Anything that takes one or both of your hands off the wheel and your attention off the road is considered distracted driving. However, cell phones and other handheld devices have been the target of distracted driving laws in Florida and across the country. What makes cell phones the worst distraction for drivers? What can you do if you were injured in a motor vehicle accident caused by someone using a cell phone while driving?
Cell phones and handheld devices like a GPS require you to engage visually with the screen. Because there is a lot of information there for your eyes and brain to process, you often spend longer taking your eyes off the road to look at the screen than you think.
Other types of visual engagement that can be distracting, like turning to look at a friend in the passenger seat, is less likely to require as much processing time and you can quickly put your attention back on driving.
Cell phones also require you to engage manually to scroll and press buttons. It takes a great deal of concentration to engage with a phone manually, text using small keys, and click on links, which means driving is getting very little of your attention.
Eating is another type of manual distraction from driving, however, it usually doesn’t require as much concentration as operating a cell phone does. For example, eating a burrito while driving down the road takes much less brainpower than texting a sentence.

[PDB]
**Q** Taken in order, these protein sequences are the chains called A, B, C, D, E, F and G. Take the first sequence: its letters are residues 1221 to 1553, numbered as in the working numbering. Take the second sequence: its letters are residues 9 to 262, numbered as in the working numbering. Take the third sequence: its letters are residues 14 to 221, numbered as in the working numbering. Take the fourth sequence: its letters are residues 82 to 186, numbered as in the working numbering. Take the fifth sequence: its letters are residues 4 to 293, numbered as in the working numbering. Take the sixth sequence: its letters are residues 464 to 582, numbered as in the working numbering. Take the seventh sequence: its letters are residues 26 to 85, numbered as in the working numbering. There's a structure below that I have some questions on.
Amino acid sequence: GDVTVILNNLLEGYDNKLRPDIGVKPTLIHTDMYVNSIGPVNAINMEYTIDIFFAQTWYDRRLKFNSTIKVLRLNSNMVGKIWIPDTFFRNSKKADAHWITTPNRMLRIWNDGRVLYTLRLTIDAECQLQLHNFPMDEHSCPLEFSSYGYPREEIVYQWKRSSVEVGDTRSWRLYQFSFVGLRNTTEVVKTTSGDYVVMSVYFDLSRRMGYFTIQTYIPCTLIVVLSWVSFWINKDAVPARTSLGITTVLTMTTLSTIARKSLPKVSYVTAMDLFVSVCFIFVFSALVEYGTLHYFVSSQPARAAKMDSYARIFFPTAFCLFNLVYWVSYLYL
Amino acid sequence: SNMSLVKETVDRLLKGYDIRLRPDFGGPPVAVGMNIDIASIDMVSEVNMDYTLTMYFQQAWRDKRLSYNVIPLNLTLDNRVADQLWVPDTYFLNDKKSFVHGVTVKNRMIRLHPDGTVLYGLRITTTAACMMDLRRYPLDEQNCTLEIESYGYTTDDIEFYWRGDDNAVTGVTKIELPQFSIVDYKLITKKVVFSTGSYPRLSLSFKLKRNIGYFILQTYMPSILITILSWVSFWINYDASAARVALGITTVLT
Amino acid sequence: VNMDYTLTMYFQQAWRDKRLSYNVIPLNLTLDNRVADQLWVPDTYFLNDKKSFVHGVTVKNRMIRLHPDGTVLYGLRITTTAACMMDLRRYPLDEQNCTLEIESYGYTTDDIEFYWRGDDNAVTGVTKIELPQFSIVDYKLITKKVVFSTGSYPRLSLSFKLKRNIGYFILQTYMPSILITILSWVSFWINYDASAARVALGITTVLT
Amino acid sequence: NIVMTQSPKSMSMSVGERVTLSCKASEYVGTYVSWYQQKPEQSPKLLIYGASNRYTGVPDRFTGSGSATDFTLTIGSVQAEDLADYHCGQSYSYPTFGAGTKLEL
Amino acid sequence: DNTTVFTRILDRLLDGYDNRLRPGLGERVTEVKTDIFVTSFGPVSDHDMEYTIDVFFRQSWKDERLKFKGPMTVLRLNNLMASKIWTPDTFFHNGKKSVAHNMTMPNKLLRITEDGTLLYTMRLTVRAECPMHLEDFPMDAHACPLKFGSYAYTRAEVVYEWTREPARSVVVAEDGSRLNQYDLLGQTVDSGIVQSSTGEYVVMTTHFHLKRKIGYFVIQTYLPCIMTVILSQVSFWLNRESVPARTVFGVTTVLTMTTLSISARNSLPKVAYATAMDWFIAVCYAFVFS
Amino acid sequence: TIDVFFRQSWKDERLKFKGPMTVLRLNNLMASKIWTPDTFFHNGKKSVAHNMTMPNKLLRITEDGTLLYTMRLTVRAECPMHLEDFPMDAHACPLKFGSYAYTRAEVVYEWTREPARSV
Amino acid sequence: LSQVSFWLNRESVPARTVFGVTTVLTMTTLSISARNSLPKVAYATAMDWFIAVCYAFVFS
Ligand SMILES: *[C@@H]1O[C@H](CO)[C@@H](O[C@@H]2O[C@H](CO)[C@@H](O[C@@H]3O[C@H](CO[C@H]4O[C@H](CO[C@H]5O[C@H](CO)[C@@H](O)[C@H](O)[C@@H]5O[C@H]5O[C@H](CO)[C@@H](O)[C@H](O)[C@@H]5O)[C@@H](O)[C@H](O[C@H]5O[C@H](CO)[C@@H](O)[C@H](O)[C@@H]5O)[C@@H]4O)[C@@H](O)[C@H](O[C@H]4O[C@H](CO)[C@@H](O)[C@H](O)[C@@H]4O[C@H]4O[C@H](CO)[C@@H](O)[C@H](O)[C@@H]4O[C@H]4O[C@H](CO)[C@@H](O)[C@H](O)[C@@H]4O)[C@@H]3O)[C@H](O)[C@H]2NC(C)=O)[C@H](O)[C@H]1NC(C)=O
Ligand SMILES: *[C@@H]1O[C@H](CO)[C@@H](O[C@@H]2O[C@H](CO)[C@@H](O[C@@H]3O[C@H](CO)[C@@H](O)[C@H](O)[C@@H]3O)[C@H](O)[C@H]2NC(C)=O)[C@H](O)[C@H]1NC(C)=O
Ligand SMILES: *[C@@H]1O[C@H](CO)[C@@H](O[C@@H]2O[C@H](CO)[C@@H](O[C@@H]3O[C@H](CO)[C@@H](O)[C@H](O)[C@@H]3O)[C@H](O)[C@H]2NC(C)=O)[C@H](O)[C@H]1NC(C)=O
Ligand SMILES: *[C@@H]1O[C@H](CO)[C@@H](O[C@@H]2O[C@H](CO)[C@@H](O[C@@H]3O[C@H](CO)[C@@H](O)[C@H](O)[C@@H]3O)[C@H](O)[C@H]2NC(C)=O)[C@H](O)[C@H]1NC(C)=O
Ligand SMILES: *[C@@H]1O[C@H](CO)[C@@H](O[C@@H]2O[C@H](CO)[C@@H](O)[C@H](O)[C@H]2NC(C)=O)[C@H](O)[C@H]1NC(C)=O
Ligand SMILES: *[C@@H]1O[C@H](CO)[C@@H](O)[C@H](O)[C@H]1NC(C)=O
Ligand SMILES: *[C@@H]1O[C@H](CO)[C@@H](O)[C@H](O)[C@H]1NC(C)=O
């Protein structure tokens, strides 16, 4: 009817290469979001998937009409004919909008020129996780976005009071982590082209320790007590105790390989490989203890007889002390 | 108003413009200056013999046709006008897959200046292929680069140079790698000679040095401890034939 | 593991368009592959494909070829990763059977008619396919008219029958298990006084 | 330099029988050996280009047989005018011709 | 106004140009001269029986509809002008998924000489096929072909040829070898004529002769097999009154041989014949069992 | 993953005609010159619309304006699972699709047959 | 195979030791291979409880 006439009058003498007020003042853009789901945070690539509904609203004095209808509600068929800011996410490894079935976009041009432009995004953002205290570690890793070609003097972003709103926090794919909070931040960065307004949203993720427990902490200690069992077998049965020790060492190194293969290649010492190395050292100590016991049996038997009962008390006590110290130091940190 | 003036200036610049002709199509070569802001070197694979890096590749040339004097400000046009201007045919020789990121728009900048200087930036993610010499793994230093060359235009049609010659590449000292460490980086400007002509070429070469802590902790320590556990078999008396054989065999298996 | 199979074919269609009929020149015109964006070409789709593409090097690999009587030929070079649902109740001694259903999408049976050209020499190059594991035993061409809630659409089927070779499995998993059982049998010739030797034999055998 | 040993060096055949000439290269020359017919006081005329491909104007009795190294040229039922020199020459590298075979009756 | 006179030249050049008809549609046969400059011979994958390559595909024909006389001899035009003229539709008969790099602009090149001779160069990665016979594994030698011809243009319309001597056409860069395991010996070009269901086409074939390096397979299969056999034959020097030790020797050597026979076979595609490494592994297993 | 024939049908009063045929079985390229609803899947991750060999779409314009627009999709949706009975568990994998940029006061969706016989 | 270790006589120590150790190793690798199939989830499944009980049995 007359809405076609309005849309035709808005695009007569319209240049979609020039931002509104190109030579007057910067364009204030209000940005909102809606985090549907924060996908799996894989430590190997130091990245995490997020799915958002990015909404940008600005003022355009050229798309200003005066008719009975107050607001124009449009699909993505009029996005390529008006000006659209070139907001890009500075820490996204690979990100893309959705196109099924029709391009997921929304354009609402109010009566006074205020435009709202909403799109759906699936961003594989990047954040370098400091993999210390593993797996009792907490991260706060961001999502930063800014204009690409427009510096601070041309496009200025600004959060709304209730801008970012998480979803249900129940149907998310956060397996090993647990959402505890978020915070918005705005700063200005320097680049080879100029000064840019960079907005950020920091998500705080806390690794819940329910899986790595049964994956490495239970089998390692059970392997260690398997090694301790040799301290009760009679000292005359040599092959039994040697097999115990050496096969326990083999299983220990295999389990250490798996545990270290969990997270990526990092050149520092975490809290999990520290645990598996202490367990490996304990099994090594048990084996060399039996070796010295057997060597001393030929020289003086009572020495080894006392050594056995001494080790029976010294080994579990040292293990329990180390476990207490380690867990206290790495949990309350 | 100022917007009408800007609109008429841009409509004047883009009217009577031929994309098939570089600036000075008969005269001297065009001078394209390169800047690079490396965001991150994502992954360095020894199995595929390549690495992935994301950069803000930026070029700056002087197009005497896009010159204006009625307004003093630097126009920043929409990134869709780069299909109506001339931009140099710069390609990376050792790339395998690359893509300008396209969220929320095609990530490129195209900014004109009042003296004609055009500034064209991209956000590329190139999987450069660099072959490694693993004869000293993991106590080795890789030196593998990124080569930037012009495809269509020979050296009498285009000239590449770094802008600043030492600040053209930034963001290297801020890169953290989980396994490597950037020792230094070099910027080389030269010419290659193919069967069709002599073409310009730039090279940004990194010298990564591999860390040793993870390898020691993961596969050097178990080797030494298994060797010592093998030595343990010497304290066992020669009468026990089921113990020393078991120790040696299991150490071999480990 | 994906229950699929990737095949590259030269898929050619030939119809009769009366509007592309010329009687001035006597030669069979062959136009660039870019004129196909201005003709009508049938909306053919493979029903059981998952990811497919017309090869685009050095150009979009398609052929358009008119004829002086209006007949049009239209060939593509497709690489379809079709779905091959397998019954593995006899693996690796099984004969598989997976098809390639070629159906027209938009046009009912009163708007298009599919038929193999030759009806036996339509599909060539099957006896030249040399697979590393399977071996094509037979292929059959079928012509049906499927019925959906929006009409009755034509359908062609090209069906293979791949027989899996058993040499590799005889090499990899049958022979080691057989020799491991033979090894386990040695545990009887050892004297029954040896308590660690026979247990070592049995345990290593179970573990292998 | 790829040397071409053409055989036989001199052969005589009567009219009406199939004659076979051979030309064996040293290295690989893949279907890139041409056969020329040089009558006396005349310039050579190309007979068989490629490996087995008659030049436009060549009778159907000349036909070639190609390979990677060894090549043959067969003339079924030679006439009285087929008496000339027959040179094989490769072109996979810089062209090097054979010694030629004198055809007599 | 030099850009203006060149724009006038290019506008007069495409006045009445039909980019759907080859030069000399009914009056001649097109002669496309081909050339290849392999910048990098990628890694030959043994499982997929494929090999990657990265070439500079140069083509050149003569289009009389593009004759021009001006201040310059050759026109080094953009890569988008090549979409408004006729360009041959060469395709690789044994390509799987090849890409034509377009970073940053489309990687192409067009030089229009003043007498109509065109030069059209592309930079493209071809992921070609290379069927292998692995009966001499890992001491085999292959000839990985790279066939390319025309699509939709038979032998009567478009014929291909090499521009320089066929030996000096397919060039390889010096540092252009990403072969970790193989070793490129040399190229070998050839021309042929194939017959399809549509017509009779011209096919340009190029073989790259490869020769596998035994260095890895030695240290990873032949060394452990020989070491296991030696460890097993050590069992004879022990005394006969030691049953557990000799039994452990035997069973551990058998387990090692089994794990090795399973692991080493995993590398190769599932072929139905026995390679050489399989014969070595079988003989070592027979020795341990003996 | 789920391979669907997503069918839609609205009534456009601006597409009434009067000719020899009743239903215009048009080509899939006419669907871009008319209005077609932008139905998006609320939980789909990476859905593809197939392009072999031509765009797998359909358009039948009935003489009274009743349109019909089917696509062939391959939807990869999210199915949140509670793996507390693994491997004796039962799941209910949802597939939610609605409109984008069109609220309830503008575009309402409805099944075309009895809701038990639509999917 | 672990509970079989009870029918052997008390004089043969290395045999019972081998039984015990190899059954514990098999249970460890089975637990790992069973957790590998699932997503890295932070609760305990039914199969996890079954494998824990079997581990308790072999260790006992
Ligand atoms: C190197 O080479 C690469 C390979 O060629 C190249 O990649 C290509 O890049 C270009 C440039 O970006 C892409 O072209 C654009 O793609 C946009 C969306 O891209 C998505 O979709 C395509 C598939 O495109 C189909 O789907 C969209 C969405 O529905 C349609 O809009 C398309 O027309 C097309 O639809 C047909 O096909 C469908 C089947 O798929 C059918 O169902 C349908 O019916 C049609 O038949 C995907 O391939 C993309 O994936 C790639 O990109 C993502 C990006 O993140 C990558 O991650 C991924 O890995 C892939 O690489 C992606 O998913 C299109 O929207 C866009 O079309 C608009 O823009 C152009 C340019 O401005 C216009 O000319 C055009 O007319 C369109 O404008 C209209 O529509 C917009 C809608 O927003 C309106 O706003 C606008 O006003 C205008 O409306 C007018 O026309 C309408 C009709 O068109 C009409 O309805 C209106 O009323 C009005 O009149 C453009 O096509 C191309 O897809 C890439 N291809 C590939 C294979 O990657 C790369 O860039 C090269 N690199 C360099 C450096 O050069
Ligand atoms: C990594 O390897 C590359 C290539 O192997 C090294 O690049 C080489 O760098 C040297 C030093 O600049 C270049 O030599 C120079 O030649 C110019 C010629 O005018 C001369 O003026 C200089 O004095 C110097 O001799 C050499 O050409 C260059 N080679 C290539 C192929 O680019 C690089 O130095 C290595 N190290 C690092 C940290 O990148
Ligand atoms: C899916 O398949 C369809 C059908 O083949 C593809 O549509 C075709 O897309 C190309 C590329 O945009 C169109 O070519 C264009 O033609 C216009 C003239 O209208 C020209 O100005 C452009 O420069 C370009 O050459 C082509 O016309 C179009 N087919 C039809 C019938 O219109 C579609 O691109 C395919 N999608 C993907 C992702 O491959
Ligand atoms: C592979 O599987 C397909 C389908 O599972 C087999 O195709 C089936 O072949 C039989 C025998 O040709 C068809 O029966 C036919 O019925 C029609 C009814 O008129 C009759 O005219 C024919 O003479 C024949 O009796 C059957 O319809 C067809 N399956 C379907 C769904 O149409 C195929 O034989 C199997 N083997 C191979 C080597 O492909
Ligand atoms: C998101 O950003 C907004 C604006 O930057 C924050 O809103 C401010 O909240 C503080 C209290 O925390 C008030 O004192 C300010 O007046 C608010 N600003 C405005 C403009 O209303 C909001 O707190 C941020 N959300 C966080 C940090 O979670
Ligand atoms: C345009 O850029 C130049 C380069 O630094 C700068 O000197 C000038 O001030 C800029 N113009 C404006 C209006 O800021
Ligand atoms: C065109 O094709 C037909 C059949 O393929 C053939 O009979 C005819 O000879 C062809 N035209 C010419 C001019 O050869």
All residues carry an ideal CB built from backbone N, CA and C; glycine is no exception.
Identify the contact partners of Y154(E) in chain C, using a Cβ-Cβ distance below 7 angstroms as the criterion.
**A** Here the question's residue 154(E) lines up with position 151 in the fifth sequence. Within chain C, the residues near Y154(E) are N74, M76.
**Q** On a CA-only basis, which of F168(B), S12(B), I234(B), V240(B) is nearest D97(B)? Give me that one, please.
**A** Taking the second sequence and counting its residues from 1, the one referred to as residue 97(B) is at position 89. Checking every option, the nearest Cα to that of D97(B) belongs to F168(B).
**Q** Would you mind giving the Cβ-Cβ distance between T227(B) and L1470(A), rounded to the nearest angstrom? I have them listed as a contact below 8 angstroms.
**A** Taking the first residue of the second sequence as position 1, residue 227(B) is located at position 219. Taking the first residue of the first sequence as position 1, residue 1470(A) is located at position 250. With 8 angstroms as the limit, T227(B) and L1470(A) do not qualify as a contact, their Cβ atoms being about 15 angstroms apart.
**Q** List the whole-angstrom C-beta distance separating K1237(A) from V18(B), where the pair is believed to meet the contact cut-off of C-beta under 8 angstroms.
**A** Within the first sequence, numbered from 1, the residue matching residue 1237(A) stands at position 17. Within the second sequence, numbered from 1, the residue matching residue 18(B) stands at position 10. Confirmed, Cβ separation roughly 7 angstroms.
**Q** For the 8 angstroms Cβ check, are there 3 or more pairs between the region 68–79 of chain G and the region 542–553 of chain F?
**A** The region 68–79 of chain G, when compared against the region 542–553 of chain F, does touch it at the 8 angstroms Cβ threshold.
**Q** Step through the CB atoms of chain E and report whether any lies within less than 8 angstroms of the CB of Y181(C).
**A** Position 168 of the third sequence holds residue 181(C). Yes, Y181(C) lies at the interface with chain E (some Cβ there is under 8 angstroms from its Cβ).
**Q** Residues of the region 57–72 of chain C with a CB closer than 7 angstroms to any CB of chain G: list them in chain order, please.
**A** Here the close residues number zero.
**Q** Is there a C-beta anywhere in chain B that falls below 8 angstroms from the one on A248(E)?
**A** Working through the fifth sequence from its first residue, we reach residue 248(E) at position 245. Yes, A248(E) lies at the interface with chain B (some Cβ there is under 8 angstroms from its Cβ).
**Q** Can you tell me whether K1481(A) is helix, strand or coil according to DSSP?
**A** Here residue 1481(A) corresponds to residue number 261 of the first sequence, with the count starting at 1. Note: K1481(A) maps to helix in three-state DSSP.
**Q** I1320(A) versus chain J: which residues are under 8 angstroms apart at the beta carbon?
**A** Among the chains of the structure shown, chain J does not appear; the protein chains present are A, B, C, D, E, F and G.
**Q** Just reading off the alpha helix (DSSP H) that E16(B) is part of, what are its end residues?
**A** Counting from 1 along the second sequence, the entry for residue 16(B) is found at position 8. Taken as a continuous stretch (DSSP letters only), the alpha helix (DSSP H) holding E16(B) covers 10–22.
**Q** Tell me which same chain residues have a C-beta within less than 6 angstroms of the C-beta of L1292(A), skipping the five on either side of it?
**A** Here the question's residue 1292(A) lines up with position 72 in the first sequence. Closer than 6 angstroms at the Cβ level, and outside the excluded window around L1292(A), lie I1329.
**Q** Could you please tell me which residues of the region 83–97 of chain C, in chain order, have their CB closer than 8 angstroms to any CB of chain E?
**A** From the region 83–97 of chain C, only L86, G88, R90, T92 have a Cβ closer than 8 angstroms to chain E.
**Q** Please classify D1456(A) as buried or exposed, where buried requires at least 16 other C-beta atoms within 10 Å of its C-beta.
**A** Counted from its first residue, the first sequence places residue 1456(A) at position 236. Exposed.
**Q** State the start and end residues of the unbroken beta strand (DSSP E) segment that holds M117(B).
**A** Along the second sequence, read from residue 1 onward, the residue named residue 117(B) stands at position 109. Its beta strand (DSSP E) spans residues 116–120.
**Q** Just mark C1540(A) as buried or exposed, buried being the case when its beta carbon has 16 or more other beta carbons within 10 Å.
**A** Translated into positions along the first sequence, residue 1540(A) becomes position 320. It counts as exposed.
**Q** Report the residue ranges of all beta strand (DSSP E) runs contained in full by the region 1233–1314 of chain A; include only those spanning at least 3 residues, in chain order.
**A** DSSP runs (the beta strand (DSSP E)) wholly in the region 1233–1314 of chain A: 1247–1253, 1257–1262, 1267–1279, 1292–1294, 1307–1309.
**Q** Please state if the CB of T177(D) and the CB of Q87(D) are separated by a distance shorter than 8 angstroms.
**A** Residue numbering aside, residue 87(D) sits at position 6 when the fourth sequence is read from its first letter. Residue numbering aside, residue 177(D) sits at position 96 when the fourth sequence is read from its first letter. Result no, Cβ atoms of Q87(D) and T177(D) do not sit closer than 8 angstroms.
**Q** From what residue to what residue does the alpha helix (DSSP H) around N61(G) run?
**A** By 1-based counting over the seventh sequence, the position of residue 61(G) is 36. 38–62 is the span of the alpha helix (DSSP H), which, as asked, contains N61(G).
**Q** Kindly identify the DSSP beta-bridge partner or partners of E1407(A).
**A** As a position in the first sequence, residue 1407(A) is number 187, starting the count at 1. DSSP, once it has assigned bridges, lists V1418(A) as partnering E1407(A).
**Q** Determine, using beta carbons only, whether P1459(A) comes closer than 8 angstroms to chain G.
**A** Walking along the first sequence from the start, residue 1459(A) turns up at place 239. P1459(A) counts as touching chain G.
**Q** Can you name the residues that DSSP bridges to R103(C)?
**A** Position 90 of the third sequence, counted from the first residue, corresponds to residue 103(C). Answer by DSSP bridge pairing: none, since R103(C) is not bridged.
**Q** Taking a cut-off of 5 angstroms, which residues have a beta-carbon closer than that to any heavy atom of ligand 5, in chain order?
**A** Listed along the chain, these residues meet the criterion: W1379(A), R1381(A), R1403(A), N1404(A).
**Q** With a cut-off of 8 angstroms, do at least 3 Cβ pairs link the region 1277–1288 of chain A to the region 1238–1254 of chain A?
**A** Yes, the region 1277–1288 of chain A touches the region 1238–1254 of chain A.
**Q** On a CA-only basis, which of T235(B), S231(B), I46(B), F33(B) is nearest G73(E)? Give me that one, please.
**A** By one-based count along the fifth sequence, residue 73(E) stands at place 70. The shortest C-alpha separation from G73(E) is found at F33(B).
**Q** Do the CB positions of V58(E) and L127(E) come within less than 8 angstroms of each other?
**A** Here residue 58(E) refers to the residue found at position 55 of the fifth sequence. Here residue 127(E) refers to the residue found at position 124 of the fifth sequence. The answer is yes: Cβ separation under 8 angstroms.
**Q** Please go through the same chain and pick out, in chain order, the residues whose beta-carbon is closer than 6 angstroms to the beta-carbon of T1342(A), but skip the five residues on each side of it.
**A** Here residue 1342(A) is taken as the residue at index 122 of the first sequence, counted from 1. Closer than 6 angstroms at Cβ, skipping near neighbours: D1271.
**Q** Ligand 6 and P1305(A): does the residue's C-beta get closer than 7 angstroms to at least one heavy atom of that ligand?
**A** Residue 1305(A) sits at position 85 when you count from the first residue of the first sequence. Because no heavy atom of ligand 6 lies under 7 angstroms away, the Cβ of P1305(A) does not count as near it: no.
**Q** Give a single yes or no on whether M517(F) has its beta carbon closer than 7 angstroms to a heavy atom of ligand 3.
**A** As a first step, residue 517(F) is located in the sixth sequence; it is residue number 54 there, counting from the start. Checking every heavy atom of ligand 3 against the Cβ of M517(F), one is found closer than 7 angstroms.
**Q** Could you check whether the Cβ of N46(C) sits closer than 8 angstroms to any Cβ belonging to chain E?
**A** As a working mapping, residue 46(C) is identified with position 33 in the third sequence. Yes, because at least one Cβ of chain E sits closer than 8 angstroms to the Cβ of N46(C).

To operate a cell phone, you must also engage cognitively, or understand the meaning of what you are seeing. Often, this can be very complex since cell phones have as much functionality as a computer. You can read documents, send emails, use social media, watch videos, and more. When your attention is directed towards complex brain processes, it’s easy to make mistakes when driving.
Another type of cognitive distraction is talking to a friend in the backseat. You have to think about what they’re saying and what you will say in response, but it’s less distracting than a cell phone because it’s much simpler than comprehending what is on the screen of a small computer.
Contact an Experienced Ocala Personal Injury Lawyer Today
Cell phones require all three types of engagement, which makes them very dangerous behind the wheel. If you were injured in an accident caused by someone driving and using a cell phone or other handheld device, contact Slonaker Personal Injury Lawyer today by calling (352) 629-6656.